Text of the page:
What is Split Toning and How to Use it in Lightroom?
Do you have some images which don’t quite have the visual impact you desire? The composition is solid and the landscape gorgeous. Maybe the weather or time of day was not ideal.
Even after white balance corrections and editing for tones and contrast they don’t have the atmosphere you desire. Some photos need a little extra attention to get them to shine and evoke the emotions.
That might sound obvious. But, knowing exactly what that extra attention might be is perhaps not so apparent. How do you edit an image to achieve the dramatic look you want? To really communicate the feel and impression you had when you captured the scene?
One great technique to use is split toning.
→ Left: No Split Toning / Right: Split Toning applied
What is Split Toning?
To split tone a photograph you introduce different colours into the highlight and the shadow areas of the image. Complete whites and complete blacks will remain unaffected.
Split toning adds a level of visual sophistication to a photograph. Think moody and cinematic in quality. The description is apt as the colour grading of films regularly employs split toning techniques to add style and atmosphere.
Split toning is certainly not a new concept. The technique has been around since film days. It was widely used in black and white photography to add depth and a subtle dynamic quality to an image. In the darkroom this was achieved chemically during the printing process. Most commonly a warm yellow-orange hue is selected for the highlights and a cooler blue for the shadows. It can also be used to create sepia effects and mimic other film processes.
You can use it to correct white balance in a more selective manner than the standard colour temperature adjustments. It can add emphasis to certain features and enhances natural light wonderfully.
This may sound more complicated than it is. Adobe Lightroom and Lightroom Classic makes split toning incredibly simple and intuitive to apply to your photos. Rich and dramatic skies, or crisp contrasts between water and land are only a few steps away.
How to apply Split Toning in Lightroom
You will see there is a separate panel called split toning. Many photographers will pass this by and it is quite underused. However, it is employed in a huge number of presets and filters. It is a key ingredient in how they achieve their look.
The split toning panel consists of three sections: Highlights, Balance and Shadows.
You have two sliders each for the highlights and the shadows. Plus, a single slider to control the balance of toning between the highlights and shadows.
It is possible to tone just the highlights, or just the shadows. There is no need to do both. In some cases a little warmth in the highlights is all that is required to bring some life and depth to a shot.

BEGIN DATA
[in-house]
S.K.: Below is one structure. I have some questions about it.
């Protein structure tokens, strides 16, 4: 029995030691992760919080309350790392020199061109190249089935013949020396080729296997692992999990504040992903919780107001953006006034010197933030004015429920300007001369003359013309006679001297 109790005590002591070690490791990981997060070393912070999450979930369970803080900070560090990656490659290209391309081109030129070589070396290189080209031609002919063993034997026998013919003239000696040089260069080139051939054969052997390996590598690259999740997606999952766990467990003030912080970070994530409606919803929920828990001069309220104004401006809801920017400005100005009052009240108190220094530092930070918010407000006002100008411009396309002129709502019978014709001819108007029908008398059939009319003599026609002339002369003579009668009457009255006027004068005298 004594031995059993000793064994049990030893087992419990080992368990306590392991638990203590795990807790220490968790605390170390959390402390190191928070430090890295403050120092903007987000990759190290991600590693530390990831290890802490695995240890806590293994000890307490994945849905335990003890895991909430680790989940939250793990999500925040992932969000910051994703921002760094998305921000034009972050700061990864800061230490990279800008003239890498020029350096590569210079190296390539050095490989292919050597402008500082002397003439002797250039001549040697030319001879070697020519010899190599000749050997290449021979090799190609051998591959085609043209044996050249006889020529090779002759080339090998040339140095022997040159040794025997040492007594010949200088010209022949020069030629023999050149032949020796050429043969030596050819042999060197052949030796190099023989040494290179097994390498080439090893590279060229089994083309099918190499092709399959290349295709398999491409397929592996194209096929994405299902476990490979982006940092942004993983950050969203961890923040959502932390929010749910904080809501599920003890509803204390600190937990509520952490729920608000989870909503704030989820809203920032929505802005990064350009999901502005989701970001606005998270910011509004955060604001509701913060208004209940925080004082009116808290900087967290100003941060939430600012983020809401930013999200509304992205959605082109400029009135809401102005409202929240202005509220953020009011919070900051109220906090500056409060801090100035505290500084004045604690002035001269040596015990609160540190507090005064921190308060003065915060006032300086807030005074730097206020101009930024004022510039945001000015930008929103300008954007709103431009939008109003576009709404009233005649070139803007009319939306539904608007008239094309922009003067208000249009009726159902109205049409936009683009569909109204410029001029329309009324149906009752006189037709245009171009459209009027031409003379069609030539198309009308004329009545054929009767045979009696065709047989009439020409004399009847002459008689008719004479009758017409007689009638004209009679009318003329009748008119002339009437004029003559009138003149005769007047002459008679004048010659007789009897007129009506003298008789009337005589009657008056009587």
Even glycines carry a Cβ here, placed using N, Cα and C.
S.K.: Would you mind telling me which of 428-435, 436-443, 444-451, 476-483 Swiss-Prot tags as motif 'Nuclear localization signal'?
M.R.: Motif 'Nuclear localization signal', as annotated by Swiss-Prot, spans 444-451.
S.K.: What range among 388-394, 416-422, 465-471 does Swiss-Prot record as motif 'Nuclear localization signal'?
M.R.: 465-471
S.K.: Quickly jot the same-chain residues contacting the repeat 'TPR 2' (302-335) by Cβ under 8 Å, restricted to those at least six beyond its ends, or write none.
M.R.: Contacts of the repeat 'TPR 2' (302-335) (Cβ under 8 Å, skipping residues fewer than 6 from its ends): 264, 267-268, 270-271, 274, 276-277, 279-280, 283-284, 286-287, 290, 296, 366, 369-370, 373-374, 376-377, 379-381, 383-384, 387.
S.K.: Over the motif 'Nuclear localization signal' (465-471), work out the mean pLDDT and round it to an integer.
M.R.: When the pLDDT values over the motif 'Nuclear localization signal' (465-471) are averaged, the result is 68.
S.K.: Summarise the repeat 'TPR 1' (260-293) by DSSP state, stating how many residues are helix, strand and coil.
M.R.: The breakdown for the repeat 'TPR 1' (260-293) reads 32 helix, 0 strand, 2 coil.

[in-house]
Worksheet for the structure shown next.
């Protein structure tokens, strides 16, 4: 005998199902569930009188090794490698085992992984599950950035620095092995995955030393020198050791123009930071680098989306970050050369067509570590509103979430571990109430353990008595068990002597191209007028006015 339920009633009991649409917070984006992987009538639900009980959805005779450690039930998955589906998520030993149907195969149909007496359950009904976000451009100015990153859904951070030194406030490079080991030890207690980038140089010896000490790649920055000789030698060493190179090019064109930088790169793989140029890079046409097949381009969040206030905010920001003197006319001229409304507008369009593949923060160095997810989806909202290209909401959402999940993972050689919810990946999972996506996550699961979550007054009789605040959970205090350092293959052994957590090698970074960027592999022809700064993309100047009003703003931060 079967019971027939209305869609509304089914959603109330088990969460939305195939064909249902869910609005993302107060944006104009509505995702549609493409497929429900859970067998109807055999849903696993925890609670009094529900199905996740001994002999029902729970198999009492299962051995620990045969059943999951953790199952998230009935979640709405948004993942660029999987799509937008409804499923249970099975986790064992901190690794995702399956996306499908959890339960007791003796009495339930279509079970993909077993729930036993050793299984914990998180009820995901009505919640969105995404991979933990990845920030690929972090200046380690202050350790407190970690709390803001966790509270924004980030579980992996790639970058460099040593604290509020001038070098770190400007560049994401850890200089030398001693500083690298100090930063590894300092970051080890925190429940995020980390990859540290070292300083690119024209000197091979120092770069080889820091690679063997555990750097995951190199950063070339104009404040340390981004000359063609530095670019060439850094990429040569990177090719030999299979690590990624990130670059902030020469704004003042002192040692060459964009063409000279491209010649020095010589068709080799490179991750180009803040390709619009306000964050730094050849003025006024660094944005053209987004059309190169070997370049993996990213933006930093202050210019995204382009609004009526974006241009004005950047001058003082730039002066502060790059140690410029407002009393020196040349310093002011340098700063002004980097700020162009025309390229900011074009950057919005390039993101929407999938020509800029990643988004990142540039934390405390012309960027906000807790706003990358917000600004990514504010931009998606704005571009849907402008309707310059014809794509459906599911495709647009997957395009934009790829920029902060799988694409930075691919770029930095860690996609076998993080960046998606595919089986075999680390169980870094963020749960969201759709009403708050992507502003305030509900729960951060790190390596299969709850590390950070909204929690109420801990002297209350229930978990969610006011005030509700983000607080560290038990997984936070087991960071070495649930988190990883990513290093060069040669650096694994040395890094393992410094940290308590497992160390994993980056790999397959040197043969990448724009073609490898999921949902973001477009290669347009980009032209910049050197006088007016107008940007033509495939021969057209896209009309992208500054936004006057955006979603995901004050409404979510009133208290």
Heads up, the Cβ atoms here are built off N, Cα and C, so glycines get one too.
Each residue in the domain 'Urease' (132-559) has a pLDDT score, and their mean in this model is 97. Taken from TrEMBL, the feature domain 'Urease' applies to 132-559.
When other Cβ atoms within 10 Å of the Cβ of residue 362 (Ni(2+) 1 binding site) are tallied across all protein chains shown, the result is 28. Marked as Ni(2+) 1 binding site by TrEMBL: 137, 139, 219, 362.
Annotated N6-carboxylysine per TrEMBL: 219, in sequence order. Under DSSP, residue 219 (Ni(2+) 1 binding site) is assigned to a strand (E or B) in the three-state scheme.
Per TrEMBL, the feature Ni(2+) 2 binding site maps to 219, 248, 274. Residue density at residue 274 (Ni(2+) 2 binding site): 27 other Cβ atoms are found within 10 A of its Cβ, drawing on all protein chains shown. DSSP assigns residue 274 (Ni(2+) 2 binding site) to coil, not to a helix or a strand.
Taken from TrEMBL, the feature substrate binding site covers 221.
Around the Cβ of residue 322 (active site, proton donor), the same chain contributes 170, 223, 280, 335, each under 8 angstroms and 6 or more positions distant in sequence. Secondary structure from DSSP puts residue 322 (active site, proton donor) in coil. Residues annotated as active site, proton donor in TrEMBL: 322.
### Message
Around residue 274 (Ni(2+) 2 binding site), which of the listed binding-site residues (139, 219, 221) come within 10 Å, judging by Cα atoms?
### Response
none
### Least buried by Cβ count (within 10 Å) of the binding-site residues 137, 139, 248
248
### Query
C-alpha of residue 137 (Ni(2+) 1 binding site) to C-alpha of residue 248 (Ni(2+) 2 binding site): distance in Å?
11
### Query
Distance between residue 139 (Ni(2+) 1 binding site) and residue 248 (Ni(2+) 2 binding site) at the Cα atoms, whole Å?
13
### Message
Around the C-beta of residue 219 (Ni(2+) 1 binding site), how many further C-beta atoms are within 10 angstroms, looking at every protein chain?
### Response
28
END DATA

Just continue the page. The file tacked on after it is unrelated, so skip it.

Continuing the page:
There are two ways to select the colour you want to introduce.
First, you can simply move the hue slider along until you find the hue that works. Holding down alt (Windows) or option (Mac) when doing this will show you a preview at 100% saturation. This will be far too strong, but you can clearly see the hue choice you are making.
Once you are happy with the hue, use the saturation slider to increase the strength to the level that works. The best value is going to depend on the specific image you are editing.
The second method is to click on the grey box to the right of the words Highlight or Shadow. This shows you a larger colour selection panel where you can pick both the hue and saturation levels simultaneously. There are also a few handy preset colours to pick from.
A little bit of playing around with the sliders and some sliding back and forth is often needed to hit upon just the right levels.
Finally use the balance slider to set where you want the emphasis.
One image. Numerous editing possibilities:
→ Images edited with my Dark & Dramatic Lightroom Presets
Getting the most out of Split Toning
The power of split toning is its ability to achieve a wide variety of looks. You can really get creative with it. Arm yourself with some basic understanding of colour theory to begin with. It will help immensely. Masterful selection of the hues achieves strong imagery.
The reason that a warm orangey highlight tone and a cool blue in the shadows works is because these are complementary colours.
They are opposites on the colour wheel. You can also achieve dynamic monochrome palettes or add very subtle shifts to bring out key details.
Working with Lightroom presets is also an excellent way to explore split toning. And, you get quality results instantly. My Lightroom presets are created with landscapes in mind so you know the overall look is suited to your to enhancing your subject. The more you use split toning in your imagery the better you will get at seeing where you can take an image. It is possible to lift a relatively dull landscape into something quite stunning.
Take a look through your archive or recent shoots and select some scenes to commence experimenting with split toning. You might be pleasantly surprised and discover some new striking shots to showcase.
→ Images edited with my Dark & Dramatic Lightroom Presets
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About the Author – Jan Erik Waider
I am a visual artist and fine art photographer based in Hamburg. My work focuses on atmospheric and abstract landscape photography of the North: Norway, Iceland, Greenland and beyond. – Read more about me, discover my fine art and landscape series, purchase prints or download my Lightroom presets for landscape photography.
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